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Visit the Pacific Northwest’s biggest zoo and support wildlife conservation around the world

Travel the globe with the 250 animal species that call Seattle’s Woodland Park Zoo home
Get up close and personal with the animals of Woodland Park Zoo.

Lions and tigers and bears, and rhinos and zebras and emus, are just several of the magnificent creatures you may be lucky enough to see during a day at the zoo.

No matter what city you’re visiting, an outing to the zoo can provide an escape into the worlds of wildlife from around the globe, through an adventure that’s equal parts educational and entrancing. 

In addition to the Seahawks, a bustling live music scene, fresh coffee and even fresher Pike Place chowder, our American neighbours in Seattle lay claim to one of North America’s greatest zoos.

Founded in 1899, Woodland Park Zoo is located just a short distance from downtown Seattle. Home to over 800 animals and 250 species, this urban oasis spans across 92 acres and is divided into distinct bioclimatic zones, such as humid tropical rainforests, coastal deserts, dry grasslands, and temperate rainforests. Each of the diverse habitats immerse visitors in realistic landscapes as they encounter the wildlife in their own territories.

“Every year, we lead more than 1 million people on a journey that inspires a lifelong love of animals, makes science come alive and gives people the tools to take conservation action,” says Laura Rieder, director of marketing and advertising at Woodland Park Zoo. “Visitors can go eye-to-eye with orangutans in an open forested canopy in the Trail of Vines, be nose-to-beak with penguins “flying” underwater, see and hear squealing otters, marvel at the majestic movements of tigers and experience many magical encounters with animals.”

From the reopening of popular exhibits to the addition of new baby animals, here’s everything to look forward to at Woodland Park Zoo this summer. 

Woodland Park Zoo is home to over 800 animals and 250 species. Photo via Woodland Park Zoo

Experience a prime gorilla destination

Woodland Park Zoo is renowned for having one of the best gorilla programs of all zoos across the globe. In 1979, the zoo opened the world’s first naturalistic gorilla exhibit, with a concept designed by Seattle-based architects Jones & Jones and with consultation from primatologists Jane Goodall and Dian Fossey. 

“Woodland Park Zoo has one of the most successful gorilla breeding programs, with 15 viable gorilla births and another new birth coming in early July,” Rieder says. “Today, the zoo has two multi-generational gorilla families with adults, babies and juveniles, which accurately reflect how their kin in the wild live.”

Follow the butterflies

Open from now through Labour Day, the Butterfly Garden experience allows guests to enter into the wondrous world of hundreds of Northwest butterflies as the marvelous “free-flying flowers” float around the enclosed space. Learn about the metamorphosis cycle of these colourful winged insects as they transform from larvae to butterflies.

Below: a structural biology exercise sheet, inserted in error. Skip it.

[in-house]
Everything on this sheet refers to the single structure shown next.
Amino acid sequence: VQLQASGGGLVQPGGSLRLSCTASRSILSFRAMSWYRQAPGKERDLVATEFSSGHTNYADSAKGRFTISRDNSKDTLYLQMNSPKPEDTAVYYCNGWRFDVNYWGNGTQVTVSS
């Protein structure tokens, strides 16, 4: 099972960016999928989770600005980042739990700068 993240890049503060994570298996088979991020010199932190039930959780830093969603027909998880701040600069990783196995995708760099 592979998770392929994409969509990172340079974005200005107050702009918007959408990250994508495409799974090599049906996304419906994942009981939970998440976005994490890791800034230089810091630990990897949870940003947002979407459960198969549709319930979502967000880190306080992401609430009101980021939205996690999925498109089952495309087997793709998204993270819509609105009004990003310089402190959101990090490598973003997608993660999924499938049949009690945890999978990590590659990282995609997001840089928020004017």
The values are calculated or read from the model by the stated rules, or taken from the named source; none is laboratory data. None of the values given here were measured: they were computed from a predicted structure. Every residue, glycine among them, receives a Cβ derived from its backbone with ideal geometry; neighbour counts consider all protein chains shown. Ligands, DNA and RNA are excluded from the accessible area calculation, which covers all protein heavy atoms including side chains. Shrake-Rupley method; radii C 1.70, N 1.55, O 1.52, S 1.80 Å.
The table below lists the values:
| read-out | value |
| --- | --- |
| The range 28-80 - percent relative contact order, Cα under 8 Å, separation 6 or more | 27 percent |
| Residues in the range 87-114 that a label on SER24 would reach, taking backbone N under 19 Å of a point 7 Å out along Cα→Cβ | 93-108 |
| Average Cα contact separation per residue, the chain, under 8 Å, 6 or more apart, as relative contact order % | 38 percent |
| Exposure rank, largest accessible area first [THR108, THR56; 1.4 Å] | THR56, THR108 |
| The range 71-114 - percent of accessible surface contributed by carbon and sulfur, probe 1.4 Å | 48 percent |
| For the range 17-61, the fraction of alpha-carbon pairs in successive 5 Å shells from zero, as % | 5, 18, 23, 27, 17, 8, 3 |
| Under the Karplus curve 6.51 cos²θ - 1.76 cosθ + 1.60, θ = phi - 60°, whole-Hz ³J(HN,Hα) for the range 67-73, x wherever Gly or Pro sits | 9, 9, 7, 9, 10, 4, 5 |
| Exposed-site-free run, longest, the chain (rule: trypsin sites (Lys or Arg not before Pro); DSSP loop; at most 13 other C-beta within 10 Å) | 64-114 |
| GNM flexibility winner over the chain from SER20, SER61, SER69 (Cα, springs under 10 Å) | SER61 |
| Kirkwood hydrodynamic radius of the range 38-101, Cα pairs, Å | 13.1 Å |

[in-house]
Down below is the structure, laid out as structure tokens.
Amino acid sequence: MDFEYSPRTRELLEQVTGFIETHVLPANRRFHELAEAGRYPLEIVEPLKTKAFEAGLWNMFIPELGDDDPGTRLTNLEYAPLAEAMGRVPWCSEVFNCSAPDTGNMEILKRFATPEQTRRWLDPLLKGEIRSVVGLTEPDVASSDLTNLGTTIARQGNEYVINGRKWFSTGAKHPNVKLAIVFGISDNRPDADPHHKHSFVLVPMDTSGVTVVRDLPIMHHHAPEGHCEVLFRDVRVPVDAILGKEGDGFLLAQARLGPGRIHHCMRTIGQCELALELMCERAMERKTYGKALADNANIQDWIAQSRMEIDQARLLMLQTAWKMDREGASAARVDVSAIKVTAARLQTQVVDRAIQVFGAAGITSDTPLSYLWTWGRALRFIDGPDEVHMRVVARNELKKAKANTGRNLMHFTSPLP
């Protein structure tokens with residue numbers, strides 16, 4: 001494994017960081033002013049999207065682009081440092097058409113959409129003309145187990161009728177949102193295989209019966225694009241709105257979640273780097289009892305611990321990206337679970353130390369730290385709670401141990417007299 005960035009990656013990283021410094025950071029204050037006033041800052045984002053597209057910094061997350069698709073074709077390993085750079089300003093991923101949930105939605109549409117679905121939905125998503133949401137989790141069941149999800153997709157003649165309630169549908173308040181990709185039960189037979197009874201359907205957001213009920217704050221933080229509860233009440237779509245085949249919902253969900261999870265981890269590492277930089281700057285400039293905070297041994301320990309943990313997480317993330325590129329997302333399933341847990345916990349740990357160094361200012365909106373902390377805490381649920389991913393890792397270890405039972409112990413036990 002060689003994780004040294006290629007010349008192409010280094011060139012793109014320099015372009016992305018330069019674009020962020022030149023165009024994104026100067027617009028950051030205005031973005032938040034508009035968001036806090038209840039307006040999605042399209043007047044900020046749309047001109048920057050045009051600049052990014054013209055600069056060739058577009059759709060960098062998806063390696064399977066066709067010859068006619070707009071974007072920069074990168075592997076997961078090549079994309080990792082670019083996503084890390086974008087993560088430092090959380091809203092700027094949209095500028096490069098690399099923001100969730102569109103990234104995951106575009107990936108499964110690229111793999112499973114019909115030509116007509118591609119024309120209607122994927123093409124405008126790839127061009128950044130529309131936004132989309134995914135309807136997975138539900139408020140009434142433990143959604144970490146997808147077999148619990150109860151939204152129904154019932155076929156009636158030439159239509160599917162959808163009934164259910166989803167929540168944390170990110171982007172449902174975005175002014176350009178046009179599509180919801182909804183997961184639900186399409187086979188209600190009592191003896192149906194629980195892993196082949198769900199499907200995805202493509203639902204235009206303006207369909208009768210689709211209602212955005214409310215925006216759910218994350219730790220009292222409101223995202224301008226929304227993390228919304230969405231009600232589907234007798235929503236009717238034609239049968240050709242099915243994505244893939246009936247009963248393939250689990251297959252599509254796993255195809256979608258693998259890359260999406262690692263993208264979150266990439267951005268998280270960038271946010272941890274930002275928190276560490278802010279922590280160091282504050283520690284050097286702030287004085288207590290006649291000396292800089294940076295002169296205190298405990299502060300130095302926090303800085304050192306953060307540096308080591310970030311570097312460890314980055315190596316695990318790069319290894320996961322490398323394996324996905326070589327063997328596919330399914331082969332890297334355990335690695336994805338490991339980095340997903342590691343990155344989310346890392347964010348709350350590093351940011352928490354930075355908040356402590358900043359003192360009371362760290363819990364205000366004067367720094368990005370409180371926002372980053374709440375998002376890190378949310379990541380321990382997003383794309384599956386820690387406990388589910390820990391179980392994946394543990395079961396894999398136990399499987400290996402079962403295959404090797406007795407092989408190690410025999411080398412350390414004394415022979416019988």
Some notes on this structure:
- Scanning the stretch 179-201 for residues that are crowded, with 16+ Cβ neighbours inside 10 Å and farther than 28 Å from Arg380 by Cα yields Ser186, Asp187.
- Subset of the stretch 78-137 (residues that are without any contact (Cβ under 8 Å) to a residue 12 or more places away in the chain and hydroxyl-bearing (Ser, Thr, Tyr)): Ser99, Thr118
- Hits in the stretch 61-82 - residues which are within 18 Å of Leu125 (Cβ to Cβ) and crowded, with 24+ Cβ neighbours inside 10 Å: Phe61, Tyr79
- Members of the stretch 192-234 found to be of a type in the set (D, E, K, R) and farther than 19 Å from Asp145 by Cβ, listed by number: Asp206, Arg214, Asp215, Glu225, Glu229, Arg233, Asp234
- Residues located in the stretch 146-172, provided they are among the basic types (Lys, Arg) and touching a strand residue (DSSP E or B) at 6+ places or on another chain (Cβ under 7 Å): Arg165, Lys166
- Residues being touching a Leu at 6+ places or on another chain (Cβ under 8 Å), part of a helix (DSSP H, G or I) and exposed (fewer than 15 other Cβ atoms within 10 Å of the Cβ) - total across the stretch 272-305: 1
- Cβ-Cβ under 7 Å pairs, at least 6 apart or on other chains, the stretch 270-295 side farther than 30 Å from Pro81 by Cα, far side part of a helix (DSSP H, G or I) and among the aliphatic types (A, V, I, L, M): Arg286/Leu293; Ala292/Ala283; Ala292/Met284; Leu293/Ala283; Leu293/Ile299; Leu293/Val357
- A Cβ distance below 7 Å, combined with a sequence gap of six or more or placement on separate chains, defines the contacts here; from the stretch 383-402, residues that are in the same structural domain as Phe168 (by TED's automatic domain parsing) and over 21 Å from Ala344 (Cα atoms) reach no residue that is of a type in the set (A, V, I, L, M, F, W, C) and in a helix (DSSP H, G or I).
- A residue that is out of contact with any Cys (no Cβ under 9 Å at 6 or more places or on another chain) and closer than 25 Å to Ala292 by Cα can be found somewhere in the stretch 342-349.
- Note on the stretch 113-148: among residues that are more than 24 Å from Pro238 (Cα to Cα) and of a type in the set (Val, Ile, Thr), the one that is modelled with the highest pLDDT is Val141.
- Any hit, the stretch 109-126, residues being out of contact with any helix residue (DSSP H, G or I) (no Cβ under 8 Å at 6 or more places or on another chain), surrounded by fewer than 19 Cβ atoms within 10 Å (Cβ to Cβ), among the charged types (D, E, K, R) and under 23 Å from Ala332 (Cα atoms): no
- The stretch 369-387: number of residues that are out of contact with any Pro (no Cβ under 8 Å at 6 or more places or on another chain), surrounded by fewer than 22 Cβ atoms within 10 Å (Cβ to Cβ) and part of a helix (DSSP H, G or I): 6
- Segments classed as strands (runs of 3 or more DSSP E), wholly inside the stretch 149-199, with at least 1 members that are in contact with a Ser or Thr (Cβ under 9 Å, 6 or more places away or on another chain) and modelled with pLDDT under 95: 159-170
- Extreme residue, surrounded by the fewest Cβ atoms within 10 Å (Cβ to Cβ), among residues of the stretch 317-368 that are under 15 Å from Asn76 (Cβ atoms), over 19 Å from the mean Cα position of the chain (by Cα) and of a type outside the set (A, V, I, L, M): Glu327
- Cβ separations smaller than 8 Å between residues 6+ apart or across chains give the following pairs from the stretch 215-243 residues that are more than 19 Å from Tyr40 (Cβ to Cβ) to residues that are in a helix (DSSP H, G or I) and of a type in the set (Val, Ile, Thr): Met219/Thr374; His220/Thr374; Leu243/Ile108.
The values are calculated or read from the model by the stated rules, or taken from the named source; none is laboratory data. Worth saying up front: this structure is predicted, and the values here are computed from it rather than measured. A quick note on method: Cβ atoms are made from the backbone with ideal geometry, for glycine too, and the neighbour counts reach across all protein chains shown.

At the Microsoft Pollinator Patio, visitors can stroll through a garden complete with actions to take to attract pollinators such as butterflies, hummingbirds, beetles, bees and flies in your own backyard.

Encounter wildlife in realistic landscapes. Photo via Woodland Park Zoo

Get up close and personal with the animals

From meet and greets to training demonstrations, you can immerse yourself completely in the lives of the animals of Woodland Park Zoo as you learn all about each species from the animal keepers who study and care for them.

Here are some of the animal encounter programs planned for this summer:

  • Rhino Encounter: Daily from 1:30 p.m. to 2:00 p.m. (closed on Tuesdays)
    Hear from rhino keepers about how they care for one of the zoo’s largest residents and enjoy a meet and greet with resident rhino Glenn.

  • Giraffe Encounter: Daily from 11:00 a.m. to 12 p.m. (closed on Fridays)
    Gaze up at the tallest animal on the African Savanna. If you’re lucky, one of the giraffes may take a leafy snack from your hand.

  • Creature Feature: Thursdays at 10:30 a.m.
    On Thursdays, Zoomazium offers a great opportunity for children to meet a scaled, sleek or shelled animal friend in person.

  • Orangutan Training: Tuesdays and Thursdays at 1:30 p.m.
    Training animals as smart as orangutans allows the animal keepers to check on their health and provides learning opportunities for the animals themselves.

  • Tiger Training: Fridays, Saturdays and Sundays at 11:30 a.m.
    Discover how training enables these large and powerful big cats to participate in their own health care.

  • Penguin Snack Time: Saturdays and Sundays at 2:30 p.m.
    The zoo’s Humboldt penguin colony has more than 40 individuals, each with unique personalities. Hear all about the recent drama, action and funny stories between the individual penguins while watching the colony receive their morning snacks.
Every visit to Woodland Park Zoo supports efforts to protect wildlife species for generations to come. Photo via Woodland Park Zoo

Supporting wildlife conservation efforts

In 2023, Woodland Park Zoo contributed $2.3 million toward wildlife conservation projects in the Pacific Northwest and around the world.

“Every visit to the zoo supports exemplary day-to-day care and welfare for the more than 800 animals that call the zoo home, education programs that inspire people to make conservation a priority in their lives, and supports more than 25 wildlife conservation projects taking place in the Pacific Northwest and around the world,” Rieder says. 

By visiting the animals of Woodland Park Zoo this summer, you can help ensure that we can protect wildlife species on our planet for generations to come. 

Woodland Park Zoo’s extended summer hours run from 9:30 a.m. to 6:00 p.m. from now until September 2. Visit to plan your visit to the zoo.